But despite the odds, Dr. Williams persevered because of an inner strength and desire to achieve.  He always wanted to be a lawyer and was never deterred from that goal.  What pushed him to achieve he said, is that every time he got discouraged, he would recall the first few months of living as an outsider among relatives in Indiana.  "I reminded myself that if I could make it through those days, all other obstacles could be overcome."

When I read Dr. Williams's memoir, I cried, then cried some more.  Now I'm tearing up as I write about it.  I'm a big believer in racial reconciliation, and I'm thankful that our country is on the mend.  But in reality, the racial divide cuts so deep, it may take another century for the wound to heal completely.

Anyone who doesn't understand the extent and complexity of racism in our nation needs to read Dr. Williams's book.  He had the unique opportunity to live as white, but then experienced the extreme culture shock of  black "reassignment."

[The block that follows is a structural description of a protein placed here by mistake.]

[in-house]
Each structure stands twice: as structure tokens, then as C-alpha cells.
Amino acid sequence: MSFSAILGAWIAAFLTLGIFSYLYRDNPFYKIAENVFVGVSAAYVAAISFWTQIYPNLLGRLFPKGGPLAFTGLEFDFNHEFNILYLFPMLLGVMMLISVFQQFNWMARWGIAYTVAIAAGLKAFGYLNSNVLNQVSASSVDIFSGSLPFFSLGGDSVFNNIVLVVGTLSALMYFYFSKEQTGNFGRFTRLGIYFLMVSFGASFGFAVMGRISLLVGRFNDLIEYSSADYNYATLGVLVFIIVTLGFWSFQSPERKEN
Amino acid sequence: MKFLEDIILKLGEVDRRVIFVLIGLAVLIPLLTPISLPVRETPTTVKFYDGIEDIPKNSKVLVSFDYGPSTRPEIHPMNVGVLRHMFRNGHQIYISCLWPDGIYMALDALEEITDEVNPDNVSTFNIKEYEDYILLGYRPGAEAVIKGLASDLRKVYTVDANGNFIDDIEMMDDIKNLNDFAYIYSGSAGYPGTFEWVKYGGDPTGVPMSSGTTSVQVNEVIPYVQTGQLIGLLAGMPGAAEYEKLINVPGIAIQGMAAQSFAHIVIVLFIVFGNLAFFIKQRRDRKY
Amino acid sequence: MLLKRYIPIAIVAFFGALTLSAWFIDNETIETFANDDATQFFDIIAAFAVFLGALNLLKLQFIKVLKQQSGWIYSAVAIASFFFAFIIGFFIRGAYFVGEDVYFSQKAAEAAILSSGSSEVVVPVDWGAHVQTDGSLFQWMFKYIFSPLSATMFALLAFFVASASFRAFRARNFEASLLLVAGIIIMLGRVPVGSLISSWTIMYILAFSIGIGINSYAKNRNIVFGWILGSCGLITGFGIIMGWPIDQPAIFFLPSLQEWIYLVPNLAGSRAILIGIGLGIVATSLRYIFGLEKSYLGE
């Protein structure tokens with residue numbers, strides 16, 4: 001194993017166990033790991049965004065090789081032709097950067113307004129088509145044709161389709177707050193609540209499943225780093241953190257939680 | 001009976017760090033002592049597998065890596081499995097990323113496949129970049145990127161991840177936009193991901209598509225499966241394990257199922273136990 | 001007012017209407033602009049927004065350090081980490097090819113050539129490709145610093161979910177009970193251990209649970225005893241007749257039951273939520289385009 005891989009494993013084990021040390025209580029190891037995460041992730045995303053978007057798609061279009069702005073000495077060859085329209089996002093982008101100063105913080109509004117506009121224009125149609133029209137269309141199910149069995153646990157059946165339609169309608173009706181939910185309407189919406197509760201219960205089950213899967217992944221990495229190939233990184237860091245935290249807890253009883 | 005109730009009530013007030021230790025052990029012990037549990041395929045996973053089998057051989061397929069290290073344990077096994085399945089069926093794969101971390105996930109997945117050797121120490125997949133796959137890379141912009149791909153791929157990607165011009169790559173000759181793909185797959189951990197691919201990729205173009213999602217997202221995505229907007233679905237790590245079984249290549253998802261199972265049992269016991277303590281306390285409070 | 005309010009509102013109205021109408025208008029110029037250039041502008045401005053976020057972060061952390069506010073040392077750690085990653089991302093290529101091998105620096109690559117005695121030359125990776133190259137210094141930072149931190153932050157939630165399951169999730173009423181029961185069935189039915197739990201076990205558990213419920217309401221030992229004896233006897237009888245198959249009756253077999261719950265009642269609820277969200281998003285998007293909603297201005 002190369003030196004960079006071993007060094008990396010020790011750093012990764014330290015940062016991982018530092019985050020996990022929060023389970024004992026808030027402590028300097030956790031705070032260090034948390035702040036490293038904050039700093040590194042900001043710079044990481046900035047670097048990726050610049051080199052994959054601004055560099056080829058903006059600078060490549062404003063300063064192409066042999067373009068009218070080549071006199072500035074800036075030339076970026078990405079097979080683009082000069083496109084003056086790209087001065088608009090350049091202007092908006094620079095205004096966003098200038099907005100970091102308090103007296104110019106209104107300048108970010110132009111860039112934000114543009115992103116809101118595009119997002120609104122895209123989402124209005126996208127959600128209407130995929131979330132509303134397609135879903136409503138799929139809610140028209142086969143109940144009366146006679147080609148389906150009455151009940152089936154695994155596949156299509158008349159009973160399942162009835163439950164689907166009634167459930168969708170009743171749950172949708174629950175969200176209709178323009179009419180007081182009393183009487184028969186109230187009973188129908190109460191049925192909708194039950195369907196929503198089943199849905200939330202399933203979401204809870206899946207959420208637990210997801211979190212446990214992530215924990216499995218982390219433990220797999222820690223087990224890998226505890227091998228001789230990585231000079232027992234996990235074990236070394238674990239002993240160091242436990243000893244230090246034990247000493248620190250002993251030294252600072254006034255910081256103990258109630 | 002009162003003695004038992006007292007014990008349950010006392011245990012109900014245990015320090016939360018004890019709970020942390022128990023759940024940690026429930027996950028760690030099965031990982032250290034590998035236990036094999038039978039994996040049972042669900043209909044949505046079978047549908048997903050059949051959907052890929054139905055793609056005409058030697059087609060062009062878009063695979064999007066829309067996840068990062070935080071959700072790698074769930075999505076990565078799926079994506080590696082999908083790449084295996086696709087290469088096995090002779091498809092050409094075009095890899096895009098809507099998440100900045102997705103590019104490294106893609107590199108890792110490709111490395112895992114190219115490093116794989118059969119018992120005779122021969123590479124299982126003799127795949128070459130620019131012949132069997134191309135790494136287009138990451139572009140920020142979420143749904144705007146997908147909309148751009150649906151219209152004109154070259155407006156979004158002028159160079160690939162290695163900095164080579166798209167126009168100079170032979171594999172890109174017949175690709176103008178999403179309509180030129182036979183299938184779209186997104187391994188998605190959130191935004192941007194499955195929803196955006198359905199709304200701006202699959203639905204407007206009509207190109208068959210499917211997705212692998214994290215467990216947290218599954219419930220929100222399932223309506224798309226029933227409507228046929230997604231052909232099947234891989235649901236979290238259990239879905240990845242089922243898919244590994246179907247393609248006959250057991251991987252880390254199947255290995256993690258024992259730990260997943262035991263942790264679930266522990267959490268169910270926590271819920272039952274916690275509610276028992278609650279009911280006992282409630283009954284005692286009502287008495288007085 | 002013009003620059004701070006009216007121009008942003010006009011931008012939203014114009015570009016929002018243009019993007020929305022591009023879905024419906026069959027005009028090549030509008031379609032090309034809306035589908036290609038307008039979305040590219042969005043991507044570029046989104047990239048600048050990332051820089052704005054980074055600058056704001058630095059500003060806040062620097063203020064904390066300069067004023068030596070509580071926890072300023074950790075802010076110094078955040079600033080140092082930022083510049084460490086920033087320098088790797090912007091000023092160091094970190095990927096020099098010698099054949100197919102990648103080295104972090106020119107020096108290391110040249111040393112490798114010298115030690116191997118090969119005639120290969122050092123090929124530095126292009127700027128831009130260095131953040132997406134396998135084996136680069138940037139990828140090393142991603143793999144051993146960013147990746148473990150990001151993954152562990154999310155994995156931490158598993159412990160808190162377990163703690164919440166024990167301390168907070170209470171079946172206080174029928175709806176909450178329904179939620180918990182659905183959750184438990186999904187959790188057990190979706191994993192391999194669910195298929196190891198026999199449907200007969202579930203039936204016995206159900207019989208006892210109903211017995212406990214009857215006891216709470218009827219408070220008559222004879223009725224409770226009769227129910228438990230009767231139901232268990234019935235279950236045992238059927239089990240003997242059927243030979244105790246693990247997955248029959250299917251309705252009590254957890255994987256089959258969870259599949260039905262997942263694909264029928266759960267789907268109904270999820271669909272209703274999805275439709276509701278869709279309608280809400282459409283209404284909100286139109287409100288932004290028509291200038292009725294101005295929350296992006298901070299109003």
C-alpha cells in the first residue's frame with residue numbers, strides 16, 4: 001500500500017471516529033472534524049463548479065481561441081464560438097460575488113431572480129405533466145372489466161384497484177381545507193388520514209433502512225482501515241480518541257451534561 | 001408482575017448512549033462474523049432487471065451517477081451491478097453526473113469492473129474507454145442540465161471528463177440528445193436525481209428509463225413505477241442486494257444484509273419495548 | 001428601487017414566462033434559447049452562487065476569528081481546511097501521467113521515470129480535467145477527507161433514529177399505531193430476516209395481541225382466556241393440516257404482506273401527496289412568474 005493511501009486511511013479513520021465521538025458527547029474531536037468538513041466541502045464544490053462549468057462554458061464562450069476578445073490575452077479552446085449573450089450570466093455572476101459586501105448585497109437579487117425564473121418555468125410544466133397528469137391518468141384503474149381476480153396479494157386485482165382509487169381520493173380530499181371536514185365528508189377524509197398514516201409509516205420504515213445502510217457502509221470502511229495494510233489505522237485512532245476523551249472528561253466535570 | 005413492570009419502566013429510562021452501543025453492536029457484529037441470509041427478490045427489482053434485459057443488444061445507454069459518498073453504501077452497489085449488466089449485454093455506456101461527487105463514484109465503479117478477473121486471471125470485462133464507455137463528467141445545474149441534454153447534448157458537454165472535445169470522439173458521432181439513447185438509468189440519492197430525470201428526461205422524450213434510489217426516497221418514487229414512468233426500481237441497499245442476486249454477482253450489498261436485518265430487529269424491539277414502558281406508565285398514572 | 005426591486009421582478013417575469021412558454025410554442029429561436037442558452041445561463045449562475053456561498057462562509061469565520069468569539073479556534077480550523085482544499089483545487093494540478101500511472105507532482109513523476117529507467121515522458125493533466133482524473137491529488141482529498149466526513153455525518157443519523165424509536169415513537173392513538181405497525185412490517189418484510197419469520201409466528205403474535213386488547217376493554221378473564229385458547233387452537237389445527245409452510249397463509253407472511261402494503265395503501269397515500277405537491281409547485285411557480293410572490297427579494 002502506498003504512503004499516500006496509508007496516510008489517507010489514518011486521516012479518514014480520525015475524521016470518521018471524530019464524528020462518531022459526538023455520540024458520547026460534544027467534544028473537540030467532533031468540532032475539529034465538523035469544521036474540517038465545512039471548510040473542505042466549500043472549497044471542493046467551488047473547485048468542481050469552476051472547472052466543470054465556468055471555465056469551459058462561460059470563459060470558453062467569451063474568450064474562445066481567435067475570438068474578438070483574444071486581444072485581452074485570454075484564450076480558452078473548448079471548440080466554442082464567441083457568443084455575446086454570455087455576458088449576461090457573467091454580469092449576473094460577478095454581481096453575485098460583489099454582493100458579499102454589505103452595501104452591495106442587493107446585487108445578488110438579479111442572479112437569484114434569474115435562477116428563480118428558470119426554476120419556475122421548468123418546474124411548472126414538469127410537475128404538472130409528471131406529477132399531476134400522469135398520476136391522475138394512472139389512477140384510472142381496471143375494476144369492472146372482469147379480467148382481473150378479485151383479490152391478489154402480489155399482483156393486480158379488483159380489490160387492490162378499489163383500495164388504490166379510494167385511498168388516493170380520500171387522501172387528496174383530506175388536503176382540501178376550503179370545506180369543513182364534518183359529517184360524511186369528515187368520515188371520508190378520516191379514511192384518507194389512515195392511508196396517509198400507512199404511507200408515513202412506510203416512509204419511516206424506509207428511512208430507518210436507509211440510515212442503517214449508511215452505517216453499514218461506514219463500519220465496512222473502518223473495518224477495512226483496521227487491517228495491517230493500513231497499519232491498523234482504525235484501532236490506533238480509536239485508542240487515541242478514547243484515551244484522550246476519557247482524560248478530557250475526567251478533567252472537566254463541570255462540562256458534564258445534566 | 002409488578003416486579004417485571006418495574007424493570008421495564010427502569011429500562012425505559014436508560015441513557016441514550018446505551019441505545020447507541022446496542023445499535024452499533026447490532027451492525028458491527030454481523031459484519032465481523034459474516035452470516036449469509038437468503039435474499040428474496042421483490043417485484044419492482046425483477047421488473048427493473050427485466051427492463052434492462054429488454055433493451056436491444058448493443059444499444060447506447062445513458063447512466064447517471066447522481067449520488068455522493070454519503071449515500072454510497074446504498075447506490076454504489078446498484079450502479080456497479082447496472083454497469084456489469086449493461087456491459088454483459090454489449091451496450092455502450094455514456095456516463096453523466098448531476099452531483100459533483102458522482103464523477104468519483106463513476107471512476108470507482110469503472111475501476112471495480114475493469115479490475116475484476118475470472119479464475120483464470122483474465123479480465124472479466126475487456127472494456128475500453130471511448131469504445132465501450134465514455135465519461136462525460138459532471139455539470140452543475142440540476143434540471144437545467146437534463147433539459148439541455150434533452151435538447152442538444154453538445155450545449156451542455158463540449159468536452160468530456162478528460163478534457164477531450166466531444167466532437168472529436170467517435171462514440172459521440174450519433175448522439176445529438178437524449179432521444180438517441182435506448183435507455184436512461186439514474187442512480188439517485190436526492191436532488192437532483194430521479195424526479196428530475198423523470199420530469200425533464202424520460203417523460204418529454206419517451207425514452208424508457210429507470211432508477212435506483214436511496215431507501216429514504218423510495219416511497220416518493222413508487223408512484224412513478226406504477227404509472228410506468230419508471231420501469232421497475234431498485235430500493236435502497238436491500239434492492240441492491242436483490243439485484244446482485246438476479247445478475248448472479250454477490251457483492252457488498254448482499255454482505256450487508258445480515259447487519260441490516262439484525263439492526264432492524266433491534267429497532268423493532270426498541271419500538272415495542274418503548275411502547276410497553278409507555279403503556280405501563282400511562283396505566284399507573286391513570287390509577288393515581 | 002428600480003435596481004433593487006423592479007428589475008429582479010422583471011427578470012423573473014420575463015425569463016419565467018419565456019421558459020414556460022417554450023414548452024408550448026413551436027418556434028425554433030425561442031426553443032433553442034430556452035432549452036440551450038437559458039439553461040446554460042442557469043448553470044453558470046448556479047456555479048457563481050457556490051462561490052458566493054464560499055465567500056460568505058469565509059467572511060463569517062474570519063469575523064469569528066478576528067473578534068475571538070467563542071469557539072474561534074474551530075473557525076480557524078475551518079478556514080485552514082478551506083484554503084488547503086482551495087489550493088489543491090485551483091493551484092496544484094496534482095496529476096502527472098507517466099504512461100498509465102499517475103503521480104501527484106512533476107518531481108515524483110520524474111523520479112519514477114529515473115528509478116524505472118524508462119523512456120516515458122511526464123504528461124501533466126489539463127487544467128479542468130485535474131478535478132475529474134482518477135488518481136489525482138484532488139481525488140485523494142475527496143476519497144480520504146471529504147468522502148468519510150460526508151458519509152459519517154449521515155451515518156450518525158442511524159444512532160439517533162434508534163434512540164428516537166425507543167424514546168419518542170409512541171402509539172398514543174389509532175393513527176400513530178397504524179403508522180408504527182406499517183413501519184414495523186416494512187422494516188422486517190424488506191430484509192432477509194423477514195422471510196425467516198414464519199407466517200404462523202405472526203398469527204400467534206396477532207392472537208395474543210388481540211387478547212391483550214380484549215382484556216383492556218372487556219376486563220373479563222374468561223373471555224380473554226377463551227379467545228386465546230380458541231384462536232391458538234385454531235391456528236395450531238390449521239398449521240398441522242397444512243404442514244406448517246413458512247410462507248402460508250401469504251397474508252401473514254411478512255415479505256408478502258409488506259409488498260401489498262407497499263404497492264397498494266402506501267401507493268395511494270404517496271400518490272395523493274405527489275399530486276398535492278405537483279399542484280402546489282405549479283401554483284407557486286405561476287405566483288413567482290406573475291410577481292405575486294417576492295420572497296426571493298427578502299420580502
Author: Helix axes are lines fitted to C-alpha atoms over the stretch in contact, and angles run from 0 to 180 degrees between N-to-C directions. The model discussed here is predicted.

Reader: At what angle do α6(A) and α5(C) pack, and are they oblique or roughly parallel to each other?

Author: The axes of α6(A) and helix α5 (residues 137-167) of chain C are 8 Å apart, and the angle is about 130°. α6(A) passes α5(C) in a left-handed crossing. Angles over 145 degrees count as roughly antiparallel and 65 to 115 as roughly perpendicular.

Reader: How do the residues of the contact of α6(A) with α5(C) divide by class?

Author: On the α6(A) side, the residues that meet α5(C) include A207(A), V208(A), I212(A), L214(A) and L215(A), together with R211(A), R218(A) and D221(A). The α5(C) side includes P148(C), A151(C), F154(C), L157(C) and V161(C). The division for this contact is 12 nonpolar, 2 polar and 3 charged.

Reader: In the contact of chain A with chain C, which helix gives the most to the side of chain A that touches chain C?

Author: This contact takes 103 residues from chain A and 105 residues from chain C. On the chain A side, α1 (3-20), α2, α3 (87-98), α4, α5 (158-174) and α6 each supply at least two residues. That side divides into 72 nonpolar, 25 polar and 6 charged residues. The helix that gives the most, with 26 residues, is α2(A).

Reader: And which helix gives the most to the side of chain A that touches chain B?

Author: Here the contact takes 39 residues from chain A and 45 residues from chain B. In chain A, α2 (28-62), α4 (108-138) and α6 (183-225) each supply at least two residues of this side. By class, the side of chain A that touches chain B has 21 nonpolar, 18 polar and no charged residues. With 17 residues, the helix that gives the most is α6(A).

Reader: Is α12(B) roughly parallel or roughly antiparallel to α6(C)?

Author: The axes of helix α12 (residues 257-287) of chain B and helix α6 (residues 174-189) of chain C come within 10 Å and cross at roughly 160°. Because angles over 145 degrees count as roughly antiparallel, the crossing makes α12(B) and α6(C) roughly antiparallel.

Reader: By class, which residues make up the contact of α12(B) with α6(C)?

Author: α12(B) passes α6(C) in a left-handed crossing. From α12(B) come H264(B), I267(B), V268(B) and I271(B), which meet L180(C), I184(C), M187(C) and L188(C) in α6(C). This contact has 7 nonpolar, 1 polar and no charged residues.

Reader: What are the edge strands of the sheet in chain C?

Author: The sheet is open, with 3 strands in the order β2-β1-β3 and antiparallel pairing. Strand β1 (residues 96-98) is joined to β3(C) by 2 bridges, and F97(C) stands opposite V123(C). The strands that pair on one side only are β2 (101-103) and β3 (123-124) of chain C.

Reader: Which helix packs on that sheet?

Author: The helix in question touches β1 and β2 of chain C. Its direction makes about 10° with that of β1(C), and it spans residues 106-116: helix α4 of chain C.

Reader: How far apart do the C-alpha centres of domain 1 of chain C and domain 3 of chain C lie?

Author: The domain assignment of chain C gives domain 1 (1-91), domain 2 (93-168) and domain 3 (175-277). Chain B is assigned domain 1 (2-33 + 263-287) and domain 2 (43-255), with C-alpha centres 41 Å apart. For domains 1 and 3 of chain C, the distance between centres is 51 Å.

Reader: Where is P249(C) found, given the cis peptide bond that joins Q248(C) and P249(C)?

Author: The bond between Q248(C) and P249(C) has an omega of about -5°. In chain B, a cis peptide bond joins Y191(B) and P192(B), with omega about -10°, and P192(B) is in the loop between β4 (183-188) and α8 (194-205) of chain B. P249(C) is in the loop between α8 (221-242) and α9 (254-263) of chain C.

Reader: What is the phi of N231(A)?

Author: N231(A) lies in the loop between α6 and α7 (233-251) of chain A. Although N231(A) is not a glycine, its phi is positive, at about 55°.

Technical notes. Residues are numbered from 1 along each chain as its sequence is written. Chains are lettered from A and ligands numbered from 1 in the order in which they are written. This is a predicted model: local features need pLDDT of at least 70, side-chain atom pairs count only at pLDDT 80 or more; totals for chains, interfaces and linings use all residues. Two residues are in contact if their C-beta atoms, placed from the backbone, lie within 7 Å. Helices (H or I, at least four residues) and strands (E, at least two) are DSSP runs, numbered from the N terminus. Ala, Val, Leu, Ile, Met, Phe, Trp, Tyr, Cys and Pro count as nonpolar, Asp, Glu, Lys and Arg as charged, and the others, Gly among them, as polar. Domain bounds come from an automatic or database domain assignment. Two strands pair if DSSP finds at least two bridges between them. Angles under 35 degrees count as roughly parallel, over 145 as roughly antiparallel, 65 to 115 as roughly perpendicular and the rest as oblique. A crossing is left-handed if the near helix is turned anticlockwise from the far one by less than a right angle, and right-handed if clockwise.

"In spite of all the pain and grief of my early years," Dr. Williams says, "I am grateful to have been able to view the world from a place few men or women have stood...I am bound to live out my life in the middle of our society and hope that I can be a bridge between races, shouldering the heavy burden that almost destroyed my youth."

Dr. Williams succeeded in pursuing a master's degree, law degree and a doctorate.  He is a true testament to the power of perseverance!

I write stories of forbidden love from the past in which my characters persevere against the odds.  It amazes me that race is such a volatile issue, even today, where love is concerned.  But if two people love each other, they should be together, no matter what the cost.

When Dr. Williams became engaged to a white girl, let's just say...her family had some issues with that.  Read his memoir to find out what happened.

Thanks for visiting and have a great week!

Originally posted October 11, 2011.